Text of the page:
The space theme wasn’t neglected with two of the most inspirational tunes from The Race For Space played back to back. The Other Side recounts the first time a manned spacecraft, Apollo 8, traversed the dark side of the moon and lost contact with earth. “There’s a cheer in this room” says mission control when it reappears. It’s a cheer met with similar from the audience. I wonder whether to increase the suspense, everyone secretly pretends they don’t know it’s going to have a happy ending. Go! is the Apollo 11 moon landing played out in around four minutes of high energy one note bassline. The audience punch the air and yell “Go!” every time one of the NASA engineers confirms the status of their part of the mission. It’s a highlight of any PSB gig, although a great disappointment when you hear the real thing and realise that in 1969 they didn’t do it in perfect 4/4 time.
Staple ingredients from Inform, Educate, Entertain in the form of Night Mail (featuring W H Auden’s 1936 poem of the same name) and the wonderfully evocative Spitfire were present, but the most powerful part of the night came with a triumvirate from Every Valley played in succession: Progress, They Gave Me A Lamp and All Out. Progress charts the drift into mechanised mining: “Machines will do the heavy work / Men will supervise the machines” – good for your health if not your job security. They Gave Me A Lamp recalls the support played by women in the community both in the run up to and during the 1984/5 miners’ strike and it contains some very moving audio samples. All Out is an aggressive, violent maelstrom of distortion to recount the strike itself. Images of battles with police in the street: “I was brought up to respect police; I don’t respect them now” mixed with community decay set the scene. This was an ugly time to be around.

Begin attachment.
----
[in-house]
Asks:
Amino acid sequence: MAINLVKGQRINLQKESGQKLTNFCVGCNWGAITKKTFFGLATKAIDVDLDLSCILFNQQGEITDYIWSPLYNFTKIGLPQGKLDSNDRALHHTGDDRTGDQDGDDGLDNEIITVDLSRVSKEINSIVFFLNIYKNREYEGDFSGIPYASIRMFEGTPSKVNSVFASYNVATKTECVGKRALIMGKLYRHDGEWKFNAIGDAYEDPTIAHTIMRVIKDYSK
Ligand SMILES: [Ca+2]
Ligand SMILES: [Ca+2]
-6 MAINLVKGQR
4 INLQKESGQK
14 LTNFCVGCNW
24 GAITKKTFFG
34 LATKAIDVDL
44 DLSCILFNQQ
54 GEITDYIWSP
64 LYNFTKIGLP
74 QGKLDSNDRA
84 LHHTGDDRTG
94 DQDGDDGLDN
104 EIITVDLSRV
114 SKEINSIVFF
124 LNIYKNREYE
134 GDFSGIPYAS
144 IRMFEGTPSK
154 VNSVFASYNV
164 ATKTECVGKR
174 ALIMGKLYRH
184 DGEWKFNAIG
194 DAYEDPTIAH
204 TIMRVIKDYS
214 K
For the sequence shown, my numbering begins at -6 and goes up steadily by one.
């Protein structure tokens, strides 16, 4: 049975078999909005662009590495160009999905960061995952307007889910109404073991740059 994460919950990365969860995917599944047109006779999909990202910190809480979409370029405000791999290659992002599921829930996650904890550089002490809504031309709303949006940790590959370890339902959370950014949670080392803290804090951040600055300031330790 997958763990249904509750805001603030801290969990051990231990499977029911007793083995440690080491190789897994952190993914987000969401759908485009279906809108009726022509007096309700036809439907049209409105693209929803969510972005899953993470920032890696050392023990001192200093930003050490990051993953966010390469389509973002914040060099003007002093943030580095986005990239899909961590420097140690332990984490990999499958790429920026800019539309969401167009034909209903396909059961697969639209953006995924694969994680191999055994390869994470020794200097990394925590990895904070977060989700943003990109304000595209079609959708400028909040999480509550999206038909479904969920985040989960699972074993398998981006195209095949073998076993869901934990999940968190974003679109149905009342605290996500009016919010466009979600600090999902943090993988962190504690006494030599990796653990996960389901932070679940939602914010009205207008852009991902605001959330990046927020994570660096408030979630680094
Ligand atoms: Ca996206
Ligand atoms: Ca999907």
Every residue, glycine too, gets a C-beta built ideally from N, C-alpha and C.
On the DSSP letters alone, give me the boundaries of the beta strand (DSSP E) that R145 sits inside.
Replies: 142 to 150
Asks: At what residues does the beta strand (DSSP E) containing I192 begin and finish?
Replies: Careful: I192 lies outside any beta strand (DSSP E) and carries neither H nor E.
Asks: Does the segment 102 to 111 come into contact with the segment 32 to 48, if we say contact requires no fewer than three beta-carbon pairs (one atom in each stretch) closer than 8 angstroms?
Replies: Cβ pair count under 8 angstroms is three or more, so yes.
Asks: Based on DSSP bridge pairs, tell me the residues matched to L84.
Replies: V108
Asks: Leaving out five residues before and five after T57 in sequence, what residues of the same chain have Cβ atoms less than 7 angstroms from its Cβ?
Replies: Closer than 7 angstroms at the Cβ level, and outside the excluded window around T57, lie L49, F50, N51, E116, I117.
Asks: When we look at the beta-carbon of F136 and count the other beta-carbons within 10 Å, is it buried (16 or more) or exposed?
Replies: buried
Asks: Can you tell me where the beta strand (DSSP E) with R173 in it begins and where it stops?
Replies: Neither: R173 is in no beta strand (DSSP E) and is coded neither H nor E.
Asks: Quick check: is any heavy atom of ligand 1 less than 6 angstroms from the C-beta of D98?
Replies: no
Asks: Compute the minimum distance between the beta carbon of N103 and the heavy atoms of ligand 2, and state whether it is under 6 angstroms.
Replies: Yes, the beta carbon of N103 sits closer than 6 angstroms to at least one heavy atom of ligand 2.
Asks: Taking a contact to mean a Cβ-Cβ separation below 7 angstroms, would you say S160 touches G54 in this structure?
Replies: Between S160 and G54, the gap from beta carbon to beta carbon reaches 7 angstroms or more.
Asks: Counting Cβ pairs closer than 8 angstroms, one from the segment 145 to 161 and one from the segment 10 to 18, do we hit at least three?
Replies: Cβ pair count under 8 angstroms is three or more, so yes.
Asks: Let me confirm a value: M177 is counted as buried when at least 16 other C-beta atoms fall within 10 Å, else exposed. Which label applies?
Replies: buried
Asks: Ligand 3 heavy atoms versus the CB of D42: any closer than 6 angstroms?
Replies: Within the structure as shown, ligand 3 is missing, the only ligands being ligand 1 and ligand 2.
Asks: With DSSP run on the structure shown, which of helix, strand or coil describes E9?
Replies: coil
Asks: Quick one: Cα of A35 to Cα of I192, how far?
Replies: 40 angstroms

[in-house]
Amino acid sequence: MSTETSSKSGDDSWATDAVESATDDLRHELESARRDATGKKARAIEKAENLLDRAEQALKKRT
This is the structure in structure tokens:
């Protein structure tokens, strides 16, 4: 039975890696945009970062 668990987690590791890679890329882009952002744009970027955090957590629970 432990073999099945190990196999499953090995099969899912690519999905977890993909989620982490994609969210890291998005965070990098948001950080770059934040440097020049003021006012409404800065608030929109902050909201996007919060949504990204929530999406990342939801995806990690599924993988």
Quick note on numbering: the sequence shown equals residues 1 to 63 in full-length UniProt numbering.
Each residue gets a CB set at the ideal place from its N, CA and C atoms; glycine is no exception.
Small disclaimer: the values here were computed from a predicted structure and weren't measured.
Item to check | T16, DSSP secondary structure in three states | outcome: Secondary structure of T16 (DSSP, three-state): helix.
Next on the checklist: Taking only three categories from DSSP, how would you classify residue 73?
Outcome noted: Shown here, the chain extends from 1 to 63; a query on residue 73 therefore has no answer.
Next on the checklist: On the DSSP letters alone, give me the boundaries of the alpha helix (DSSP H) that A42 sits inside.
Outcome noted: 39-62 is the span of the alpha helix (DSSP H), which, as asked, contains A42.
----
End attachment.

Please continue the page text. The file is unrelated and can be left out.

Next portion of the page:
Willgoose dedicated They Gave Me A Lamp to the South Wales Miners’ Library, where much of the research for the album was done. Conversing live with the audience between songs was a break with tradition – but when you’re portraying the systematic destruction of an industry and working class community, a plummy toff audio sample announcing the next song doesn’t quite sit right.
The main set closed with Lit Up, featuring the drunken ramblings of former naval officer Thomas Woodrooffe during his 1937 broadcast of the Spithead Review. It was enough to get him taken off the air. The screens played grey battleships ploughing through rough seas and as Willgoose put it: “We couldn’t come to Portsmouth and not play this”. Like many PSB numbers, this one builds and builds but in the live context goes way beyond that of the record. With all the precision and multi-instrumental pyrotechnics taking place stage left and centre you’d be forgiven for failing to notice that Wrigglesworth sat stage right is an exceptional drummer. That’s brought into sharp focus at the end of Lit Up, when the tempo gets raised to a point where it’s in danger of getting vertigo. It’s a very worthy ending to the set.
“Is anybody else very hot?” asked Willgoose when he reappeared for the encore. Yes, everybody – it was an oven in there. “Is anybody else wearing a Corduroy suit?” Well, given the PSB crowd, quite probably. I’ve seen at least one fully kitted out astronaut on the floor. The astronaut would have enjoyed Gagarin which followed, a bizarre but hugely enjoyable 70s horn-based romp that sounds more like an alternative theme to Starsky & Hutch than a dedication to Yuri’s heroics in the 1960s. The screens and the dancing astronauts on stage helped tell the story. The show closed with Everest, another stirring piece of music and homage to astounding human achievement. It was in stark contrast to much of the preceding subject matter, but at least we ended on a high.
Review & Photography by Simon Reed. Public Service Broadcasting at the Pyramids Centre, Portsmouth on 23rd October 2017.
Simon has his own music photography site here: http://www.musicalpictures.co.uk